T-Mobile quietly removes tethering for its unlimited data plans

T-Mobile quietly removes tethering for its unlimited data plans

Summary: T-Mobile's Full Monty plans with unlimited data no longer allow new customers to tether their phones to other devices for internet sharing, suggesting that mobile networks are struggling to cope with the demand for data.

TOPICS: Telcos, Mobility

T-Mobile UK has quietly removed the option for customers on its only unlimited data plan to tether to other devices, which could be a sign that operators are struggling to find a cost-effective way to deal with the impending mobile data crunch.

Previously, the Full Monty plans (the cheapest of which is £36 per month) let customers hook up their laptops, tablets or any other Wi-Fi enabled device to their phones. This allowed them to share the phone's data connection with other devices, avoiding the need for a separate contract.

However, on the 8 August the option for tethering was silently removed for new subscribers. While the plans still include unlimited data, this is restricted to use only by the handset. 

This is frustrating for anyone considering The Full Monty plan for its tetherability. But more than that, it's a sign of what we already know to be true: with the explosion of data consumption on mobile devices far outstripping provision of additional capacity, the unlimited data contract as we know it will come to an end

The only way to avoid this would be if the operators work out a way to handle the extra traffic (and therefore, increased costs to them) in a way that proves cost-efficient as part of an unlimited package.

I got in contact with T-Mobile to ask why it had chosen to remove the tethering option. What I got back was the brief and uninformative statement below, which fuels my suspicions that operators don't really want to talk about the data crunch.

"The Full Monty has been designed for using the internet on your smartphone. It includes an unlimited data allowance for using our internet service on your phone at a fantastic price," a T-Mobile spokeswoman said. "From 8th August, tethering is not permitted for new customers under the terms and conditions of the Full Monty."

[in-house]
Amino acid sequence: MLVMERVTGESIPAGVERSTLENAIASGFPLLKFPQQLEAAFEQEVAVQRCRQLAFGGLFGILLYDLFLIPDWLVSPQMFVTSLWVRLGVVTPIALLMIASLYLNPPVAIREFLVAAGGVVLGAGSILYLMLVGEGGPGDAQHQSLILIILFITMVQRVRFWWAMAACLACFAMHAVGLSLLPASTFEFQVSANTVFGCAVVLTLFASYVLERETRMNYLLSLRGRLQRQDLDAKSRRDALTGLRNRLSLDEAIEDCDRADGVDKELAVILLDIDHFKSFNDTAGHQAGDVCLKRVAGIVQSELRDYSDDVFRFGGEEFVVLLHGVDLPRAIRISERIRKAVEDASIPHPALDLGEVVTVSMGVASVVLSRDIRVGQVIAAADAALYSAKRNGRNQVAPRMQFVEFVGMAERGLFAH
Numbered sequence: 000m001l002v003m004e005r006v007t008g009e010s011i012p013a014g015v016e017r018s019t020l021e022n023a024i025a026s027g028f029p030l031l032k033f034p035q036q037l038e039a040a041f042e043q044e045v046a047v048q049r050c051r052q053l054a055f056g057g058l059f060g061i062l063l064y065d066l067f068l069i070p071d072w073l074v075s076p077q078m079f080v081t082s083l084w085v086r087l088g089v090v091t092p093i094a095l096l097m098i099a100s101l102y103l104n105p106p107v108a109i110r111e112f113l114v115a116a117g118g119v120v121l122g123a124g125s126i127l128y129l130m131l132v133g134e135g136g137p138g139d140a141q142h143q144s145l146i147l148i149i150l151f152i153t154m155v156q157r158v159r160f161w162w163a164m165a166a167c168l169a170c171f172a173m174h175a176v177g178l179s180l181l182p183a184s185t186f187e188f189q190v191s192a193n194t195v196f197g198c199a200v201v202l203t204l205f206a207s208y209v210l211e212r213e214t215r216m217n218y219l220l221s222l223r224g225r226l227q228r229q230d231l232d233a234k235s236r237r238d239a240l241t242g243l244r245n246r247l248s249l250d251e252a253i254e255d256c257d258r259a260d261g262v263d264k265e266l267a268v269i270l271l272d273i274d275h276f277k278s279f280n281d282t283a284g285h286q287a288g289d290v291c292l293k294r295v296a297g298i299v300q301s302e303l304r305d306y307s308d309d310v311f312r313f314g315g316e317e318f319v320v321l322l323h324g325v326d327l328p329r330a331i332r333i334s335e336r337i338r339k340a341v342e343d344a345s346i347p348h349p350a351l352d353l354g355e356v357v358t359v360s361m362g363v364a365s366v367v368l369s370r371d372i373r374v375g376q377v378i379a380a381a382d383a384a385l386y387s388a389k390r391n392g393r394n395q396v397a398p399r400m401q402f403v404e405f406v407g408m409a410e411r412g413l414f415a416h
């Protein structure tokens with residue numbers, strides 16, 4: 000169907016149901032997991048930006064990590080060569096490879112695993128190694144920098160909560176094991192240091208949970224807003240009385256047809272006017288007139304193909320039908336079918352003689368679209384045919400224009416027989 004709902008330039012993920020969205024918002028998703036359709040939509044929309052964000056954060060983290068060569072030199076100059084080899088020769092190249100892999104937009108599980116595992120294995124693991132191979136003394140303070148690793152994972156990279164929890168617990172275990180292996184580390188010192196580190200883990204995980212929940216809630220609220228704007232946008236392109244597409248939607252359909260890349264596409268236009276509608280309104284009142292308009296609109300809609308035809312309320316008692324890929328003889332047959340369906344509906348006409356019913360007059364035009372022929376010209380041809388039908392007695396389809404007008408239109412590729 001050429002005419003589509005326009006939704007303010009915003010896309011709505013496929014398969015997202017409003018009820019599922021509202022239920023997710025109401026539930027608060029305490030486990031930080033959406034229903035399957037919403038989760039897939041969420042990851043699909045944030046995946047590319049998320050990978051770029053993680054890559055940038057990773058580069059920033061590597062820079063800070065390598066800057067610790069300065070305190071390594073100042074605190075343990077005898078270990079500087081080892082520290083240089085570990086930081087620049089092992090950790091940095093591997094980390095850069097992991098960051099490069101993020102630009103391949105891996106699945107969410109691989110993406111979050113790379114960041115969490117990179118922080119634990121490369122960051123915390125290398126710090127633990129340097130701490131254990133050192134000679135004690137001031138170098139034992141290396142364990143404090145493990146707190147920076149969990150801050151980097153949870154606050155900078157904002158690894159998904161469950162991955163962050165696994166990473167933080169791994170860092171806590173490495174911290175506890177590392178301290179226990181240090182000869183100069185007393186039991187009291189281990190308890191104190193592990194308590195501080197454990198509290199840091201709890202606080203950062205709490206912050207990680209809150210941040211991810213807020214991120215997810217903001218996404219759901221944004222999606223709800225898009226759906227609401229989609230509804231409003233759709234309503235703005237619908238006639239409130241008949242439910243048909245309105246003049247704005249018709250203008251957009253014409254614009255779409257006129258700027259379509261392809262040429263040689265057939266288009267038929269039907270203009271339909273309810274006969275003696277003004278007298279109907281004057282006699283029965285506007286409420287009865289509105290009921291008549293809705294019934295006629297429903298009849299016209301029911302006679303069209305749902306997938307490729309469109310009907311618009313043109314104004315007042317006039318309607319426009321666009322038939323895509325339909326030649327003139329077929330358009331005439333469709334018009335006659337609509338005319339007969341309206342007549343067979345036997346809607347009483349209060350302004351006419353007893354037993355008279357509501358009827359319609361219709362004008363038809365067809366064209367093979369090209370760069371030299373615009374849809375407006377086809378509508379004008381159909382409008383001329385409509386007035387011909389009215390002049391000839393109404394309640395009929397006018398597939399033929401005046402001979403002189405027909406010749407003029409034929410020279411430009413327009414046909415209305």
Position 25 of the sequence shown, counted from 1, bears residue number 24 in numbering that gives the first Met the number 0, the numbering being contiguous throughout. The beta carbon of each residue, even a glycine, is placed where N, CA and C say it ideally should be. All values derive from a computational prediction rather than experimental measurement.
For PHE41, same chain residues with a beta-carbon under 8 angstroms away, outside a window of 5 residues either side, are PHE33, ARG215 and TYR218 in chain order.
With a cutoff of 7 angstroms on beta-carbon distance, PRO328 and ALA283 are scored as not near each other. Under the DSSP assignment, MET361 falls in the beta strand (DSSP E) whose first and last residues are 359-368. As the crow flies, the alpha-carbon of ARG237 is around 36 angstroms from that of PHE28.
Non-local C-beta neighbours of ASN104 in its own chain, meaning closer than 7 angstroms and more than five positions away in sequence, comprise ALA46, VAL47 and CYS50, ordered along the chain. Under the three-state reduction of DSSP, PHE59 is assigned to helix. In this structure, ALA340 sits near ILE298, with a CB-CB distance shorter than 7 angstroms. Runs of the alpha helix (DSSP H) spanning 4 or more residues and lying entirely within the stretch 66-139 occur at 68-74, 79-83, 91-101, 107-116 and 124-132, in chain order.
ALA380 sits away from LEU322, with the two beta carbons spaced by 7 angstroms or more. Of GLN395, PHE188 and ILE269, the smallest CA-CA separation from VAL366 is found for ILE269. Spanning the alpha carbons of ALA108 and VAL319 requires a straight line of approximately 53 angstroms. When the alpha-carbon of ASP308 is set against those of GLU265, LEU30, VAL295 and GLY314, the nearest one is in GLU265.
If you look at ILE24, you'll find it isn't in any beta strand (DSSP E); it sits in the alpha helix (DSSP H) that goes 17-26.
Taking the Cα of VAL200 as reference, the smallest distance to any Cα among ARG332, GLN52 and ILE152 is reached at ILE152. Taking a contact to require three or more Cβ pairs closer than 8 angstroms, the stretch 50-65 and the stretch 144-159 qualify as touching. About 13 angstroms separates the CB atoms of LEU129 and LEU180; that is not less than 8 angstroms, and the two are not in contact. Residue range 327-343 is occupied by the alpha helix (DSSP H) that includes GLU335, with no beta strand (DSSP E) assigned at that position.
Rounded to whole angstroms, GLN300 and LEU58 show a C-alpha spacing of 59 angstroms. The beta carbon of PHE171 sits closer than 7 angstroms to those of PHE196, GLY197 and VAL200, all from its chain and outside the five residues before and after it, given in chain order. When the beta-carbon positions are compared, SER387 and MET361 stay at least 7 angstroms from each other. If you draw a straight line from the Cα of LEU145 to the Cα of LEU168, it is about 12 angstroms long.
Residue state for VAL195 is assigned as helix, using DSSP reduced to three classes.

It was a reader who alerted me to the change in terms. When he first enquired about the package, it included tethering; but a week later it did not. Being a curious individual, he called customer services and was told that the removal of tethering was because the network had been "getting hammered". Enough said.

T-Mobile's spokeswoman did helpfully point out that there are still contracts that offer the option to tether. As far as I'm aware, though, none of these include unlimited data. She also confirmed that people already on the Fully Monty plans prior to 8 August could still tether.

In the UK, there are now only two mobile providers with unlimited ('all-you-can-eat') data plans allowing customers to tether, and that's Three — the smallest of the UK's major players — and Virgin Media.

Topics: Telcos, Mobility

Ben Woods

About Ben Woods

With several years' experience covering everything in the world of telecoms and mobility, Ben's your man if it involves a smartphone, tablet, laptop, or any other piece of tech small enough to carry around with you.

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  • I used to hate...

    I used to hate red-light cameras, but after watching people speeding through red-lights at intersections that don't have cameras, now days more and more I wish they all had them.

    Similarly, I used to hate the idea of cellphone data caps, but after experiencing slow as heck 3G download speeds on Sprint and reading about guys munching through 30 gigs of data in one month, I more and more think that a 2-3Gb 1st tier data cap is the way to go to preserve bandwidth for the rest of us. At the very least it would get people to switch on WiFi when they're in a location that offers free WiFi.
  • @dsf3g

    You can still "munch" thorough quite a bit of data with a Cell Phone, regardless of tethering or not. Hopefully those that are REALLY munching are moved to LTE where they can go faster. I am usually happy with a couple of MB of data speed and would like that to include tethering.

    Maybe that's the trick, unfortunately, cell providers want to charge a bunch, even if you are sorta nibbling (couple MB or 3.5 G speeds).
  • hey T-Mobile

    Why don't you upgrade you're network that might help out some and start telling people when you change stuff around.
    Jason Santana
  • We Still Have Tethering

    As a matter of fact, I found that tethering has been quietly ADDED to my T-Mobile, $35 a month, "Unlimited" 5gigabyte "high speed" service. As well as to the "Unlimited" 10gigabyte and "Unlimited" 2gigabyte service.

    What seems to have changed (at least here in the USA) is that they've added something named "Unlimited Nationwide 4G" with no overages or throttling for $30 a month, but specifically say that tethering is not allowed on that plan.